FDA puts AOC 1044 on fast track as Duchenne therapy
Avidity Biosciences still recruiting for trial of the potential exon 44-skipping treatment
AOC 1044, an investigational exon 44-skipping therapy for Duchenne muscular dystrophy (DMD), has been granted fast track status by the U.S. Food and Drug Administration (FDA).
The designation is intended to accelerate the therapy’s development and expedite its approval by providing more frequent meetings with the FDA and discussions about the development plan. If certain criteria are met, the treatment may be eligible for accelerated approval and priority review, which should shorten the time taken by the FDA to decide whether to approve AOC 1044.
“It is very encouraging to receive FDA Fast Track designation as it further validates the potential of AOC 1044 to target the underlying cause of DMD44 and the importance of bringing people living with this devastating disease an effective treatment option,” Steve Hughes, MD, said in a press release. Hughes is chief medical officer at treatment developer Avidity Biosciences,
In Duchenne, a mutation in the DMD gene disrupts the production of dystrophin. Most DMD-causing mutations lead to one or more exons — the sections that code for the protein — being deleted from the gene sequence.
Dystrophin production can be restored by skipping certain exons, allowing the rest of the gene to be properly read.
AOC 1044 belongs to a new type of RNA therapeutics — called antibody oligonucleotide conjugates (AOC) — being developed by Avidity. AOC 1044 is produced by attaching an antibody that binds the transferrin receptor 1 (TfR1), which is intended to deliver the therapy to the skeletal and heart muscle cells, to a lab-made DNA analog molecule that targets exon 44.
Once inside the cell, AOC 1044 enables the protein production machinery to make a shorter-than-normal, yet functional version of dystrophin.
According to Avidity, preclinical studies showed that a single intravenous (into-the-vein) dose of AOC 1044 increased the production of working dystrophin protein in skeletal muscle and heart tissue.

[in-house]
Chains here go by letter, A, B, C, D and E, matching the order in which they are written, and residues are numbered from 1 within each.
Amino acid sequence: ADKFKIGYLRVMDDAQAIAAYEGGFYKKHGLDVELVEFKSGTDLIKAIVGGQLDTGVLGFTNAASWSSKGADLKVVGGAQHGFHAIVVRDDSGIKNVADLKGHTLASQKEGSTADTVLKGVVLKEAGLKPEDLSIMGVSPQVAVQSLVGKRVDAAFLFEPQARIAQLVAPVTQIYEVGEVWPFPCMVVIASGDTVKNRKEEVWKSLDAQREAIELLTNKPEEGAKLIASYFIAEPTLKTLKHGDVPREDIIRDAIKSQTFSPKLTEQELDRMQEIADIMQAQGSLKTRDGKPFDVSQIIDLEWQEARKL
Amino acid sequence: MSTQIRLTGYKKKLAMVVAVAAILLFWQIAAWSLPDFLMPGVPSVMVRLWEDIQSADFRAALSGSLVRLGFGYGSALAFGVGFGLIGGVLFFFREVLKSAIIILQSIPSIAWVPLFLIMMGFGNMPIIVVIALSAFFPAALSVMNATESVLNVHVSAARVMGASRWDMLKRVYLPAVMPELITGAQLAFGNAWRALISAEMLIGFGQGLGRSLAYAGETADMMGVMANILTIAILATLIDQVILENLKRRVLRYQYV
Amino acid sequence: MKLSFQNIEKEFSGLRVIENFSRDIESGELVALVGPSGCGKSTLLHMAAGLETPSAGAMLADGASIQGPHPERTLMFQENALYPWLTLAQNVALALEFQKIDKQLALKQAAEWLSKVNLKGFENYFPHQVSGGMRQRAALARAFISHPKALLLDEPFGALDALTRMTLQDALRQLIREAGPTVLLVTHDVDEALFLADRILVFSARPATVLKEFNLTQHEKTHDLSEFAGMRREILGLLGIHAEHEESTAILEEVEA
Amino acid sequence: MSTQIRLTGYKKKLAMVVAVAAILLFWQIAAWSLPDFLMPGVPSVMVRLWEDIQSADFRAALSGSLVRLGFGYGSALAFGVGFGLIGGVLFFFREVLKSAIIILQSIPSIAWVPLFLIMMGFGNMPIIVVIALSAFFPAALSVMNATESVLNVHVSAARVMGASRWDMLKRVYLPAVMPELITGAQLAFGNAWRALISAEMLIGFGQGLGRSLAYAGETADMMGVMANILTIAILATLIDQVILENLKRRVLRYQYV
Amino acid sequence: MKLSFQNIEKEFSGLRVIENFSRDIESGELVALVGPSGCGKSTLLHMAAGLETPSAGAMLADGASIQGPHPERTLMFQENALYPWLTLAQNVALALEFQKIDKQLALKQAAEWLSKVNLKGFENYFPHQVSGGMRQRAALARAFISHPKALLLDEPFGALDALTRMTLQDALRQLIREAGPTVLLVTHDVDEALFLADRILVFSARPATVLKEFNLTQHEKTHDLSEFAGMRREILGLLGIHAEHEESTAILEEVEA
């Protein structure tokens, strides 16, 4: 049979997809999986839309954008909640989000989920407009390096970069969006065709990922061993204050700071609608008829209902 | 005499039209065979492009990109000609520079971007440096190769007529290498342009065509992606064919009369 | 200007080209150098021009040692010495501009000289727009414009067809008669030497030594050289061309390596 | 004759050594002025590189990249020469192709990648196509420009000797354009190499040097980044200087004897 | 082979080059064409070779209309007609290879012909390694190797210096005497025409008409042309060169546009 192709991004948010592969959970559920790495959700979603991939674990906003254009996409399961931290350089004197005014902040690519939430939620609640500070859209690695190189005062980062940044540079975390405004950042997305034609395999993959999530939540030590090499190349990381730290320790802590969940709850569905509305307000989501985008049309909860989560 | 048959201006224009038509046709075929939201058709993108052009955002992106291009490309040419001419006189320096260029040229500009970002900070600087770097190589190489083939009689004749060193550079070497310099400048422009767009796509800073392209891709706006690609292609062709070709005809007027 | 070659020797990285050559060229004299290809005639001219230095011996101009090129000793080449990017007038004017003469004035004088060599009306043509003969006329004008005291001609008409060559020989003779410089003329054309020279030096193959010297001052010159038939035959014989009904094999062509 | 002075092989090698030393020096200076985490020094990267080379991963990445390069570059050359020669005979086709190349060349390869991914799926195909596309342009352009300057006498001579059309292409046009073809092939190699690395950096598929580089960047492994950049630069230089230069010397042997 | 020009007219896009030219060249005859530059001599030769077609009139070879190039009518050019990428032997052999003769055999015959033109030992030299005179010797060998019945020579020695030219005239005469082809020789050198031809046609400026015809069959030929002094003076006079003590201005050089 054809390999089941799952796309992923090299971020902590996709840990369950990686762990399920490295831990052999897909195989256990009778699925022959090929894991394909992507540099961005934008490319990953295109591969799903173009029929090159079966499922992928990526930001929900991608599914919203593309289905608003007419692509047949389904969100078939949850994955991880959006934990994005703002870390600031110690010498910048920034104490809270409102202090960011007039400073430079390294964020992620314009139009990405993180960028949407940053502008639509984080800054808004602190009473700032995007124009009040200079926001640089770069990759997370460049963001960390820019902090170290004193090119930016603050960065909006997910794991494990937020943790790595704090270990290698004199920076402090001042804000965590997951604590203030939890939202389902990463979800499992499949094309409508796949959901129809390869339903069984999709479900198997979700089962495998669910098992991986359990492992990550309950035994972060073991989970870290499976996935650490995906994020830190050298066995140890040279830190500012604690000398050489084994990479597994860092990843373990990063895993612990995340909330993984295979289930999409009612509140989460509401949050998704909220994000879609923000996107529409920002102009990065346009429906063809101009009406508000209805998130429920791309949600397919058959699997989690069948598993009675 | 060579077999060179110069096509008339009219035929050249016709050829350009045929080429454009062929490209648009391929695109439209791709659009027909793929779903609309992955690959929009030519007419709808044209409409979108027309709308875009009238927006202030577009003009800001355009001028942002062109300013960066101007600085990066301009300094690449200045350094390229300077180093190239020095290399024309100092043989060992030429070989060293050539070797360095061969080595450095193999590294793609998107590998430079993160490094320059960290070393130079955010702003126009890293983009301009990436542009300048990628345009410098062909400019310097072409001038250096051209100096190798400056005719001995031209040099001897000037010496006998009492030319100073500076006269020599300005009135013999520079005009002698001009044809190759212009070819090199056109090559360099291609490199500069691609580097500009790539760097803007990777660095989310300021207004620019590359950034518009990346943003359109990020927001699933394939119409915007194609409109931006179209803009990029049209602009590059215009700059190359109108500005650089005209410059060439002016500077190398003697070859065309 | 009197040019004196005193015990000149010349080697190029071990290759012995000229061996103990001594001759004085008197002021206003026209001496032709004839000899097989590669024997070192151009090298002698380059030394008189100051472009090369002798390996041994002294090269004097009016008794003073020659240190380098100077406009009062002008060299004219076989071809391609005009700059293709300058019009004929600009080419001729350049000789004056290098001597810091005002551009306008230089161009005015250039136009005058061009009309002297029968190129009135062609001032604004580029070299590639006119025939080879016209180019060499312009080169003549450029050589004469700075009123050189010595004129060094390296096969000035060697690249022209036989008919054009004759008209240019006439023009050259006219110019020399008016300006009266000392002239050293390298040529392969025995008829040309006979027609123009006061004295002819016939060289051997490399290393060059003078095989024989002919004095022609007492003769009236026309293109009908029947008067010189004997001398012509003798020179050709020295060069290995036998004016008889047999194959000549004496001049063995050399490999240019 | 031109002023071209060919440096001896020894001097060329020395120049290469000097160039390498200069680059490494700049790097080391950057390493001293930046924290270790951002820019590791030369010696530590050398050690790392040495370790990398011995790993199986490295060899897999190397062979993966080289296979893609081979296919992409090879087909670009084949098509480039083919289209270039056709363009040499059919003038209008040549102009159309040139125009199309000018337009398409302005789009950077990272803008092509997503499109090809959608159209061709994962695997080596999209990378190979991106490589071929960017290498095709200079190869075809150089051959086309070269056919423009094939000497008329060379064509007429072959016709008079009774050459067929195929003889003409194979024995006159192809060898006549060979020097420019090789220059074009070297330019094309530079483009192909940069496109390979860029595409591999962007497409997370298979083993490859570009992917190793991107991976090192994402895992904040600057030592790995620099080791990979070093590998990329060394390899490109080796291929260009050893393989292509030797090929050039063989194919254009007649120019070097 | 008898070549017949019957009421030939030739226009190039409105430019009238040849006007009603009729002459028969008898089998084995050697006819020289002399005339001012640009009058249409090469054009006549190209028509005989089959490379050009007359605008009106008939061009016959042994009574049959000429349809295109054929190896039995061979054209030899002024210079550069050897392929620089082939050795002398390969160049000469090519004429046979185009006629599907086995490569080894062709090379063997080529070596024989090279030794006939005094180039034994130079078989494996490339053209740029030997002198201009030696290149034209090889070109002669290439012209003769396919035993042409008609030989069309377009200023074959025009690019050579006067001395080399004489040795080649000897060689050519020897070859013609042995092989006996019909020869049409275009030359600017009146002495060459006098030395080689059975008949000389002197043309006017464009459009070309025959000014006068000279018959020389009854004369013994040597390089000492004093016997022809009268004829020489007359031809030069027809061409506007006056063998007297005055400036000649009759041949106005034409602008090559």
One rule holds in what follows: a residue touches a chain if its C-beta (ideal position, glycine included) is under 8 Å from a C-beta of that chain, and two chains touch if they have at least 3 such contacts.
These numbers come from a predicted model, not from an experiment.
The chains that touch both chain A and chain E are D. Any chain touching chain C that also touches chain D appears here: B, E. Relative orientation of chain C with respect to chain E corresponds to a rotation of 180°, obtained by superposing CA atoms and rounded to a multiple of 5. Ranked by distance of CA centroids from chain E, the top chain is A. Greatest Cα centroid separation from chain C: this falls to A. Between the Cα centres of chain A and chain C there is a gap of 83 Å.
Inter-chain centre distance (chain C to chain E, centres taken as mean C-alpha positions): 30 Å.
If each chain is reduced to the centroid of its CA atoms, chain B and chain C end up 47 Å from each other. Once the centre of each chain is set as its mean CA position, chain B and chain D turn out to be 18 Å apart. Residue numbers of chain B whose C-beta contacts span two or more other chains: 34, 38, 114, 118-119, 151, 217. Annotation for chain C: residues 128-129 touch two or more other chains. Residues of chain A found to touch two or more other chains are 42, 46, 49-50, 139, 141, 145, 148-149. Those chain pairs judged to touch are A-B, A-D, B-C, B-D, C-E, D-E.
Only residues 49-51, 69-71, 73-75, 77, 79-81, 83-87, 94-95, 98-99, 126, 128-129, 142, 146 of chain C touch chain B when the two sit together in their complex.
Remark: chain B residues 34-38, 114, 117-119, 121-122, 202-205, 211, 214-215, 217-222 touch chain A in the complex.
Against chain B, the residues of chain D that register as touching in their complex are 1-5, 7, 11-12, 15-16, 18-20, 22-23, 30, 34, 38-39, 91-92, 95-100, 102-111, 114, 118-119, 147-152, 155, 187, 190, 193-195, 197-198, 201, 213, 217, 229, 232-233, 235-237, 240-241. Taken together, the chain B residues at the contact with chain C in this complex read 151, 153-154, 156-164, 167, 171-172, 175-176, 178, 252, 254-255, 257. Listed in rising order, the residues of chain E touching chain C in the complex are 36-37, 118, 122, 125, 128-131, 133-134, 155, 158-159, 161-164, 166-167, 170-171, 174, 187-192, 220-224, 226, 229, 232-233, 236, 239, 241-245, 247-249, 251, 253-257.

A Phase 1/2 clinical trial, called EXPLORE44 (NCT05670730), is currently testing it against a placebo in healthy volunteers and DMD patients with mutations amenable to exon 44 skipping.
Enrollment is still open with a target goal of 40 healthy volunteers and 24 DMD patients, ages 7 to 27.
In part A, a total of five groups of healthy participants will be assigned to single ascending doses of AOC 1044 or a placebo. In part B, three groups of DMD patients will be assigned multiple ascending doses. AOC 1044 will be administered three times in this part.
The trial’s main goal is to assess AOC 1044’s safety and tolerability. Additional goals include its pharmacokinetics — how it moves into, through and out of the body — and pharmacodynamics (its effects on the body). The effectiveness of exon skipping and dystrophin protein production also will be assessed. An extension study will follow for those willing to join.
“We will continue to work closely with the FDA as we advance AOC 1044 and look forward to the anticipated data readout from the healthy volunteer portion of our Phase 1/2 EXPLORE44 clinical trial later this year,” Hughes said.
AOC 1001, AOC 1020 on deck
The company also is developing AOC 1001 for myotonic dystrophy type 1, and AOC 1020 for for facioscapulohumeral muscular dystrophy (FSHD).
“This recognition also means that now all three of our clinical-stage programs have Fast Track status, further reinforcing our efforts to make a profound difference in people’s lives,” Hughes added.